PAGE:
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Food price volatility in sub-Saharan Africa: Has it really increased?

  • Minot, Nicholas

The food price crisis of 2007–2008 and recent resurgence of food prices have focused increasing attention on the causes and consequences of food price volatility in international food markets and the developing world, particularly in sub-Saharan Africa. In this paper, we examine the patterns and trends in food price volatility using an unusually rich database of African staple food prices. We find that international grain prices have become more volatile in recent years (2007–2010) but no evidence that food price volatility has increased in the region. This contrasts with the widespread view that food prices have become more volatile in the region since the global food crisis of 2007–2008. In addition, the results suggest that price volatility is lower for processed and tradable food than for nontradable food, that volatility is lower in the major cities than in secondary cities, and that maize price volatility is actually higher in countries with the most active intervention to stabilize maize prices. These findings suggest that greater attention should be given to the (high) level of food prices in the region rather than volatility per se, that regional and international trade can play a useful role in reducing food price volatility, and that traditional food price stabilization efforts may be counterproductive.

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File URL: http://purl.umn.edu/134146
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Paper provided by International Association of Agricultural Economists in its series 2012 Conference, August 18-24, 2012, Foz do Iguacu, Brazil with number 134146.

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Date of creation: Aug 2012
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Handle: RePEc:ags:iaae12:134146
Contact details of provider: Web page: http://www.iaae-agecon.org/
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  1. Byerlee, Derek & Jayne, T.S. & Myers, Robert J., 2006. "Managing food price risks and instability in a liberalizing market environment: Overview and policy options," Food Policy, Elsevier, vol. 31(4), pages 275-287, August.
  2. Prudencio, Y. Coffi & Al-Hassan, Ramatu, 1994. "The food security stabilization roles of cassava in Africa," Food Policy, Elsevier, vol. 19(1), pages 57-64, February.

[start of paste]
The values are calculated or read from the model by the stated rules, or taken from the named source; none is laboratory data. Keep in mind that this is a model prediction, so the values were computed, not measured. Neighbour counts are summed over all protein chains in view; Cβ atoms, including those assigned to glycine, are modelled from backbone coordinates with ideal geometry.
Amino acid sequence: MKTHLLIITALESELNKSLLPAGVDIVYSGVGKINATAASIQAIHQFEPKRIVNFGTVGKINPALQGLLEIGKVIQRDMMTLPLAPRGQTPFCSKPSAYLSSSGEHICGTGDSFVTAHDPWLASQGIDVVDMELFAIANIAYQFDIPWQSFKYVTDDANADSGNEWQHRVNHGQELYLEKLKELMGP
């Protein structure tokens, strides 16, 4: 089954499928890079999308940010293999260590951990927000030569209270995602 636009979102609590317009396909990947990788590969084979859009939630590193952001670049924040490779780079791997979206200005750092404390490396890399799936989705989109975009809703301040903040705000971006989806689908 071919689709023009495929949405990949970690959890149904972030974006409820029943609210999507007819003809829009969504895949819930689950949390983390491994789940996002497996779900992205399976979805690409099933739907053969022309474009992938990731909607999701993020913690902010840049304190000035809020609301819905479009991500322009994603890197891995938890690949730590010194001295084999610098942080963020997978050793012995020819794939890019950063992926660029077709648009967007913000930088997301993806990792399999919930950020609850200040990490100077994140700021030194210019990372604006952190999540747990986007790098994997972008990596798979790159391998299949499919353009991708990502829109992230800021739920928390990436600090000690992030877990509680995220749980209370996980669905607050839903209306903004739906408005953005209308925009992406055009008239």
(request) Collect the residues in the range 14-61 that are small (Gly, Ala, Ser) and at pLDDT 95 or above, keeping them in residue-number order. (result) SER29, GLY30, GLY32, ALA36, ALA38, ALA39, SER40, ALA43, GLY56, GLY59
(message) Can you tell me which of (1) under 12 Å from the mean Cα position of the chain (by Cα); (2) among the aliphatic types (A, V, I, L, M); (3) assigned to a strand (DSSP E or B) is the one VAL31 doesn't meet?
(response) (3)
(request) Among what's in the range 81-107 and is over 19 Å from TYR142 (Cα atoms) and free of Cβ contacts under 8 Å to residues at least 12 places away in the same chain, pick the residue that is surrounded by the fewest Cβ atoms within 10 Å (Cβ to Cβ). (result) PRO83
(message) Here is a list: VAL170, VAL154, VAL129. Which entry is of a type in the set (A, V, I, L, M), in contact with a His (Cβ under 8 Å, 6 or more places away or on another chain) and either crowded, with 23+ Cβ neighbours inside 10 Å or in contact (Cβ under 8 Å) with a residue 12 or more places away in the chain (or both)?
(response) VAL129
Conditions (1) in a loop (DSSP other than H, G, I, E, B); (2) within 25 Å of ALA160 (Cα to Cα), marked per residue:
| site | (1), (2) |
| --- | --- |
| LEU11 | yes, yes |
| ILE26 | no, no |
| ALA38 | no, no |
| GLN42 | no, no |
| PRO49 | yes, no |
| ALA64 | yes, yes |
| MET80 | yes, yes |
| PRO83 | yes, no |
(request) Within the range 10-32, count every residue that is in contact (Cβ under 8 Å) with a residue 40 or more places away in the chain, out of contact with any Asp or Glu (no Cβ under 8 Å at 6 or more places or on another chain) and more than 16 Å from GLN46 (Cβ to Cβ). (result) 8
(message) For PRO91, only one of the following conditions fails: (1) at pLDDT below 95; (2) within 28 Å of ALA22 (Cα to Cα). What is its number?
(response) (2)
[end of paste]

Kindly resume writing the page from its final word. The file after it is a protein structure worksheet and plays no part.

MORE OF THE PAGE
3. Robles, Miguel & Torero, Maximo & von Braun, Joachim, 2009. "When speculation matters:," Issue briefs 57, International Food Policy Research Institute (IFPRI).
  4. Benson, Todd & Minot, Nicholas & Pender, John & Robles, Miguel & von Braun, Joachim, 2008. "Global food crises: Monitoring and assessing impact to inform policy responses," Food policy reports 19, International Food Policy Research Institute (IFPRI).
  5. Chapoto, Antony & Jayne, Thomas S., 2009. "The Impacts of Trade Barriers and Market Interventions on Maize Price Predictability: Evidence from Eastern and Southern Africa," Food Security International Development Working Papers 56798, Michigan State University, Department of Agricultural, Food, and Resource Economics.
  6. Dorosh, Paul A. & Dradri, Simon & Haggblade, Steven, 2009. "Regional trade, government policy and food security: Recent evidence from Zambia," Food Policy, Elsevier, vol. 34(4), pages 350-366, August.
  7. Bollerslev, Tim, 1986. "Generalized autoregressive conditional heteroskedasticity," Journal of Econometrics, Elsevier, vol. 31(3), pages 307-327, April.
  8. Engle, Robert F, 1982. "Autoregressive Conditional Heteroscedasticity with Estimates of the Variance of United Kingdom Inflation," Econometrica, Econometric Society, vol. 50(4), pages 987-1007, July.
  9. Minot, Nicholas, 2011. "Transmission of world food price changes to markets in Sub-Saharan Africa:," IFPRI discussion papers 1059, International Food Policy Research Institute (IFPRI).
  10. von Braun, Joachim & Torero, Maximo, 2009. "Implementing physical and virtual food reserves to protect the poor and prevent market failure:," Policy briefs 10, International Food Policy Research Institute (IFPRI).
  11. Christopher Gilbert & Wyn Morgan, 2010. "Has food price volatility risen?," Department of Economics Working Papers 1002, Department of Economics, University of Trento, Italia.
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